Kanye West Publicist Trevian Kutti Pressured Election Worker
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Kanye West Publicist Pressured Georgia Election Worker to Falsely Confess to Manipulating Votes: Report

(Files) in this file photo US President Donald Trump meets with rapper Kanye West in the Oval Office of the White House in Washington, DC, October 11, 2018. - Kanye West, the entertainment mogul who urges listeners in one song to "reach for the stars, so if you fall, you land on a cloud," announced July 4, 2020, he is challenging Donald Trump for the US presidency in 2020.

A publicist for the music superstar and erstwhile Donald Trump supporter Kanye West (now legally known as Ye) traveled to the home of a Georgia election worker in the days before Jan. 6, 2021, and pressured her to confess to false allegations of manipulating votes in the 2020 presidential election, according to a Reuters report.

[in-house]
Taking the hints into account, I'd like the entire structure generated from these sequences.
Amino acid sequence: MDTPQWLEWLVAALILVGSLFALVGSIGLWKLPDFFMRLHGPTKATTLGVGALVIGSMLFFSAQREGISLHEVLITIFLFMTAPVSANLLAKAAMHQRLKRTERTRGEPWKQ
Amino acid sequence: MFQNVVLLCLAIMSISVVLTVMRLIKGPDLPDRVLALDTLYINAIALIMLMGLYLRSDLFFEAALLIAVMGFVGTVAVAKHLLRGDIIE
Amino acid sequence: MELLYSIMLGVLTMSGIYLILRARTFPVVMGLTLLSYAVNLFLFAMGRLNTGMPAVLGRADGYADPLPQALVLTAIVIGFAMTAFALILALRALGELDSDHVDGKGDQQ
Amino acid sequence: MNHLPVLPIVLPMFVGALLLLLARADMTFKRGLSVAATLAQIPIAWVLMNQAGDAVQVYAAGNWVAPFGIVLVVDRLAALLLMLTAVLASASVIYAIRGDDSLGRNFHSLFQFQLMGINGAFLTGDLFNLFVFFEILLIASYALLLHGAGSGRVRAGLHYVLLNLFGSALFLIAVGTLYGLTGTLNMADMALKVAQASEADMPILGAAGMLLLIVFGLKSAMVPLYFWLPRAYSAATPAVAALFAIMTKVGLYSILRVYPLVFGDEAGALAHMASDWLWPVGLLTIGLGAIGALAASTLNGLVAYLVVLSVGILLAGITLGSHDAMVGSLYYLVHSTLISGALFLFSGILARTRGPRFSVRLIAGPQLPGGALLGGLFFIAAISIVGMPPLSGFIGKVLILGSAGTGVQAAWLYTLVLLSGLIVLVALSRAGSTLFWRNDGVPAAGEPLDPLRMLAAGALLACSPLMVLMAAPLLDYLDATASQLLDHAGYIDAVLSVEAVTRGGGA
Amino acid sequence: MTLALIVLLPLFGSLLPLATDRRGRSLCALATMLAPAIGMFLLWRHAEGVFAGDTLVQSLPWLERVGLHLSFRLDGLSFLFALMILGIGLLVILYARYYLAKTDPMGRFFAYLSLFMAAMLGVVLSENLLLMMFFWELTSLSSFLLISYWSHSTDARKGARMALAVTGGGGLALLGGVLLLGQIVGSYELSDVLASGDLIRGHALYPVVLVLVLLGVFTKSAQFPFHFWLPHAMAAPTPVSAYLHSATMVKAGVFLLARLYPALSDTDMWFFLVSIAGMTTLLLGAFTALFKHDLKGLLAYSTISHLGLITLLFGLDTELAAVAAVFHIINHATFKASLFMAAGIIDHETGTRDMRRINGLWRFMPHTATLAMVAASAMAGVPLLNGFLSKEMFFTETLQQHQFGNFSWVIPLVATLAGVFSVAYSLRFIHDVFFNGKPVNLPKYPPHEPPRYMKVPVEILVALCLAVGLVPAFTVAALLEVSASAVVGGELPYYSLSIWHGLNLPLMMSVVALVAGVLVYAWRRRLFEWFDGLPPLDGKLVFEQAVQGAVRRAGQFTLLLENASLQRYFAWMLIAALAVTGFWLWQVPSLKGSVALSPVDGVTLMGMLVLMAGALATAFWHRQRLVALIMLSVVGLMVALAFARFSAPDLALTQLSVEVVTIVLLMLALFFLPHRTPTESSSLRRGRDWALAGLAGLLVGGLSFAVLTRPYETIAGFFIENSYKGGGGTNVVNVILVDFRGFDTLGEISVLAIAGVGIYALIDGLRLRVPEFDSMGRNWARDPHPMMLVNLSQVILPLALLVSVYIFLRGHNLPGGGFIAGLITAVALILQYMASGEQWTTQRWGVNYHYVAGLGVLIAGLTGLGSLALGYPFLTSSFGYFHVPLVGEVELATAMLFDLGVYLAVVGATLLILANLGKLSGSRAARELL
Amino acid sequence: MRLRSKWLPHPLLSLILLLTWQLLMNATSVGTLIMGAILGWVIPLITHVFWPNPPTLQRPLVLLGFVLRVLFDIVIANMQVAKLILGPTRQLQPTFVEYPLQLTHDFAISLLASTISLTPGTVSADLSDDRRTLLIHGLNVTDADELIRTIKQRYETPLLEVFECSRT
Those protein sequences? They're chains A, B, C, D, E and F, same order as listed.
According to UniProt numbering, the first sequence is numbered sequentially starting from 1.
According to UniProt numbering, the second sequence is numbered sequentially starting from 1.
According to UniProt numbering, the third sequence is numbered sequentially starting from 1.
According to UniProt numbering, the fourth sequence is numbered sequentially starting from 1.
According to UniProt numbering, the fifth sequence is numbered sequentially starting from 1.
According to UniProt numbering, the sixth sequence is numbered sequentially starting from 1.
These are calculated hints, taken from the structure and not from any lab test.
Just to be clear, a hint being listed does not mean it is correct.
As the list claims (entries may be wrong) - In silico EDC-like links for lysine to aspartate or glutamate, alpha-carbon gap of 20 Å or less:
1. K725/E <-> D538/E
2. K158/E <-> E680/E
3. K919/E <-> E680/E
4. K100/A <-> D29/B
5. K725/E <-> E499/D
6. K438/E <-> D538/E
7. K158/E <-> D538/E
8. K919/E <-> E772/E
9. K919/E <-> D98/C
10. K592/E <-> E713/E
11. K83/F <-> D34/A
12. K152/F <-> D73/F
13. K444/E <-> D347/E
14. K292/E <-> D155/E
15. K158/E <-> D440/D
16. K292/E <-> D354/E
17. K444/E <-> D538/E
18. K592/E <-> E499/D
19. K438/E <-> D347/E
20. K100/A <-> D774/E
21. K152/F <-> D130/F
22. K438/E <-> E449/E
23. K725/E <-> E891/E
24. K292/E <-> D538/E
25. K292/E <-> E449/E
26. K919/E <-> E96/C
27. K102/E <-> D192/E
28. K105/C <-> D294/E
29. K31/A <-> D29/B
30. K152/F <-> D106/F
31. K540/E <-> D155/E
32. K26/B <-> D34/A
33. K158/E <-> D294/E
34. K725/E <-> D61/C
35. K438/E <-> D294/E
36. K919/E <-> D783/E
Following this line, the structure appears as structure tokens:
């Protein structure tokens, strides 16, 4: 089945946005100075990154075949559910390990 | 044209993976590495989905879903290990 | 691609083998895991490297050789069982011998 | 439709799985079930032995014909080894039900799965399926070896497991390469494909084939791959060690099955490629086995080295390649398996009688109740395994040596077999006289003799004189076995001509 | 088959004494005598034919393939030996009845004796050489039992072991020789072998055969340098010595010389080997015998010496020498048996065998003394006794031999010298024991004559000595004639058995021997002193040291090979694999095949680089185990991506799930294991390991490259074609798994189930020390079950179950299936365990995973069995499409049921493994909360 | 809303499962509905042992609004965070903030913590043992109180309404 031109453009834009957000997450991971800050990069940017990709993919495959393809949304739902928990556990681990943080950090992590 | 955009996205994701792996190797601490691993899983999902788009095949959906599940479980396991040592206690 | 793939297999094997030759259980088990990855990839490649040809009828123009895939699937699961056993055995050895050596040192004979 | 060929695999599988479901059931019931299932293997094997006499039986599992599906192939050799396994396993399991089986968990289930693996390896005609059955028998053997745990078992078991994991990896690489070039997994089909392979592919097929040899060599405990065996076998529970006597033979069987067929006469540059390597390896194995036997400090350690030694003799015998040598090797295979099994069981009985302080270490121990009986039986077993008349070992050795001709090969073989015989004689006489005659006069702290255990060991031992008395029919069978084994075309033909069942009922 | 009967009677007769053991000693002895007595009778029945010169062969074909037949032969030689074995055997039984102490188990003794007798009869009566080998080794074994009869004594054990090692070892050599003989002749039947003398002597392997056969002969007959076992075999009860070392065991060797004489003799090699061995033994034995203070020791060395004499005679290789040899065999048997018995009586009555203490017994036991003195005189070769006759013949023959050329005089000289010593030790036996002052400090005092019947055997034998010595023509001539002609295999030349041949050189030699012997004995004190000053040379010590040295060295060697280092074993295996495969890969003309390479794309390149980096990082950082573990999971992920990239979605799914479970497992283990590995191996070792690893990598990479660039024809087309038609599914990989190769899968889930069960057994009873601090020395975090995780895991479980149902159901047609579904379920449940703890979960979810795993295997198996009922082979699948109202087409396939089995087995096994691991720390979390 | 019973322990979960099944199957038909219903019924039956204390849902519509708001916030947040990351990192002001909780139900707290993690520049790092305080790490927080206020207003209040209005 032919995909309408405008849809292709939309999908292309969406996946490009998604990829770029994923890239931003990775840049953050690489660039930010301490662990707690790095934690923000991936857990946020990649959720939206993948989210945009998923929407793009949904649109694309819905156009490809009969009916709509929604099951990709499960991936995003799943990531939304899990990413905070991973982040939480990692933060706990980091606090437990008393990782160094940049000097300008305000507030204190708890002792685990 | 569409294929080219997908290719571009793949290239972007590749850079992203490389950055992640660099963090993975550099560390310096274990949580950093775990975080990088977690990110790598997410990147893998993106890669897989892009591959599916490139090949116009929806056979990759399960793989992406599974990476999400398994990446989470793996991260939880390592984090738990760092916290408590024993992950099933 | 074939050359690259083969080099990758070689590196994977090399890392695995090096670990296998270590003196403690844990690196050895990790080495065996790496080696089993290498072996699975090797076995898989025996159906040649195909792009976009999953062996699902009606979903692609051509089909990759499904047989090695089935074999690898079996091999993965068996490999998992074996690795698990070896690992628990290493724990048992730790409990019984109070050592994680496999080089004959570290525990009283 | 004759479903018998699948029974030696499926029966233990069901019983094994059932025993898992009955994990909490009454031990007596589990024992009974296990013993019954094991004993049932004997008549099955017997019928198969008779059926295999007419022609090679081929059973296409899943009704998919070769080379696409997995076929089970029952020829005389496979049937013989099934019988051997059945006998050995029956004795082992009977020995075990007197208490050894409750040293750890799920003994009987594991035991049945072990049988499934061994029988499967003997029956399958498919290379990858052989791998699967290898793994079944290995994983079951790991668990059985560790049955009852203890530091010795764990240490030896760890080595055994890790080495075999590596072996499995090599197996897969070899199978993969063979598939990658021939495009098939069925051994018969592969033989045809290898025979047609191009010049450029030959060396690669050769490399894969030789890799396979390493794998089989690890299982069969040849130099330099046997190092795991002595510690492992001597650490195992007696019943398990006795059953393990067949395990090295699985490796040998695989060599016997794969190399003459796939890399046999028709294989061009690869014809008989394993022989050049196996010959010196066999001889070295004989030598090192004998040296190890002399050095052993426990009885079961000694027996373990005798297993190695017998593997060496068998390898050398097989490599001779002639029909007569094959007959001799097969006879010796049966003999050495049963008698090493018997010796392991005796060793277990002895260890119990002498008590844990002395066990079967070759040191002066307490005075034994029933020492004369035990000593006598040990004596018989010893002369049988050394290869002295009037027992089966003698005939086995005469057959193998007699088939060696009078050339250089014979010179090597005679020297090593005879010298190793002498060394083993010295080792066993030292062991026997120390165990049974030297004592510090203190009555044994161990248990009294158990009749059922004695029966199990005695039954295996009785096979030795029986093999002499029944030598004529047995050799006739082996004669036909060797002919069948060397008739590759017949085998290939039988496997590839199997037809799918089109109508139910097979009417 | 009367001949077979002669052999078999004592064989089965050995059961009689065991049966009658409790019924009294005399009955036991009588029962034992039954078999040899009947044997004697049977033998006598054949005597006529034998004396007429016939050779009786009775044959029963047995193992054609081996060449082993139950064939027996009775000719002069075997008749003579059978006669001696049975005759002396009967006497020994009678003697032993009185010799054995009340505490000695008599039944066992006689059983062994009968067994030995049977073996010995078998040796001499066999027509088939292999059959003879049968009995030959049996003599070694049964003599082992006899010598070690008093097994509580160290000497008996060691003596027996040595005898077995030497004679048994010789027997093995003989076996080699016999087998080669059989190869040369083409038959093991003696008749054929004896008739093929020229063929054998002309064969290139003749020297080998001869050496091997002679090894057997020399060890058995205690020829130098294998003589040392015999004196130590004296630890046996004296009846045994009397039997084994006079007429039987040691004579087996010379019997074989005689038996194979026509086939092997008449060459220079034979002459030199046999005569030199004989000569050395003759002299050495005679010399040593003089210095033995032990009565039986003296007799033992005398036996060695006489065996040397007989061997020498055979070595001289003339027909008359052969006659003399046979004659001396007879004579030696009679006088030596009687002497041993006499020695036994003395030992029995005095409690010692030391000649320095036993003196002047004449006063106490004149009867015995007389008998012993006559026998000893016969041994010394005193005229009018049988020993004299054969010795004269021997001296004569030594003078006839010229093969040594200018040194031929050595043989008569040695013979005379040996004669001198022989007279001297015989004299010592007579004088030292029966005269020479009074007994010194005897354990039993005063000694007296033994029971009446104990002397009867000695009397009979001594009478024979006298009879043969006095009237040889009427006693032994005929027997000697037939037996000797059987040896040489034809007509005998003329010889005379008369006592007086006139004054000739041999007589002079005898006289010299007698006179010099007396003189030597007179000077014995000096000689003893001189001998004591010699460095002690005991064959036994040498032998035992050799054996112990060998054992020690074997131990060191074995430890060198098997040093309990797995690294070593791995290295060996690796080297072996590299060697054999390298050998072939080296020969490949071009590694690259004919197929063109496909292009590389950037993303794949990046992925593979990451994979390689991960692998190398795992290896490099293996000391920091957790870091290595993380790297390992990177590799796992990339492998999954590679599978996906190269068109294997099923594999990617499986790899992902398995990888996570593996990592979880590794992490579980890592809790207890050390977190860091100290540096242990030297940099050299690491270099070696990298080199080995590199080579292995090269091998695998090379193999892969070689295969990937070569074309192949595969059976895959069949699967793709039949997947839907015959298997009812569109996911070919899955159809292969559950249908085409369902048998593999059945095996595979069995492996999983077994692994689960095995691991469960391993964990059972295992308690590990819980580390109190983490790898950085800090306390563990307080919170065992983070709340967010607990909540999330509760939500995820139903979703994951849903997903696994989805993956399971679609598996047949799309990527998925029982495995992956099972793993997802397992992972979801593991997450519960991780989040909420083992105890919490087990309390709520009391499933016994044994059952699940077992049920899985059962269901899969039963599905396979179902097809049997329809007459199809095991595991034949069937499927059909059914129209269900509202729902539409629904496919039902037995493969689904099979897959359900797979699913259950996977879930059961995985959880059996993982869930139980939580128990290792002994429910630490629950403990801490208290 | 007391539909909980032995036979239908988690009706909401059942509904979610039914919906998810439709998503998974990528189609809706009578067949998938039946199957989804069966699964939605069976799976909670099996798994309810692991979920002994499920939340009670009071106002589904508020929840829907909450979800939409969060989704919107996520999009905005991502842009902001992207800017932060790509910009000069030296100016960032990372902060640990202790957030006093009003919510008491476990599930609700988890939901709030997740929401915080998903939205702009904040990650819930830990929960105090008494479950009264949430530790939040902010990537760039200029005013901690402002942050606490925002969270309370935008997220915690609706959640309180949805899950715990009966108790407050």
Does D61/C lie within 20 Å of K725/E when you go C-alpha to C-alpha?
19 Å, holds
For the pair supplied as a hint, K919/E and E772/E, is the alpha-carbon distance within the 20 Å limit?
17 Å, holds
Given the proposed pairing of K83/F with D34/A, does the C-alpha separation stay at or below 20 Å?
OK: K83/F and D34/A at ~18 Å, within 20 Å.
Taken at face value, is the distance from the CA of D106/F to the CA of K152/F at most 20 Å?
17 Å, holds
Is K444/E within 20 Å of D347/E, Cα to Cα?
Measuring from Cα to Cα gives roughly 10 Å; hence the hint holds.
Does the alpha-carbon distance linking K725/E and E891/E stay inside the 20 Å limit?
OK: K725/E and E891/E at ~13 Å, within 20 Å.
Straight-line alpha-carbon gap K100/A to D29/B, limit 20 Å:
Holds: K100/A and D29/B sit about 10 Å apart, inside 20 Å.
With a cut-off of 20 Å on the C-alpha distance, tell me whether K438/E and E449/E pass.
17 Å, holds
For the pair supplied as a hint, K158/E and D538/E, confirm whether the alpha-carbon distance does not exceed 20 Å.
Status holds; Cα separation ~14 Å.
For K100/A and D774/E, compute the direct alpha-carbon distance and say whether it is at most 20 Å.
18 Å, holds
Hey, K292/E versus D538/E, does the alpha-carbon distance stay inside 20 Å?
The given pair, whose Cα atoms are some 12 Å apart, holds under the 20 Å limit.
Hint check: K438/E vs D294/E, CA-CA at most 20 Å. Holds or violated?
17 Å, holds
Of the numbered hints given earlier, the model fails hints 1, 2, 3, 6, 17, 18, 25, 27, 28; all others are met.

Trevian Kutti reportedly went to the home of Ruby Freeman, a 62-year-old woman who had volunteered to process ballots for the election, on Jan. 4, Reuters reported Friday.

Kutti “gave her name but didn’t say she worked for West, a longtime billionaire friend of Trump,” the Reuters report said. “She said she was sent by a ‘high-profile individual,’ whom she didn’t identify, to give Freeman an urgent message: confess to Trump’s voter-fraud allegations, or people would come to her home in 48 hours, and she’d go to jail.”

Freeman and her daughter, Wandrea “Shaye” Moss, had recently been targeted by Trump and his allies. Starting on Dec. 3, Trump had repeatedly accused Freeman and Moss, an employee of the Fulton County elections board, of manipulating votes. Those accusations were amplified by the right-wing website Gateway Pundit, whose owners Freeman and Moss have since sued for defamation.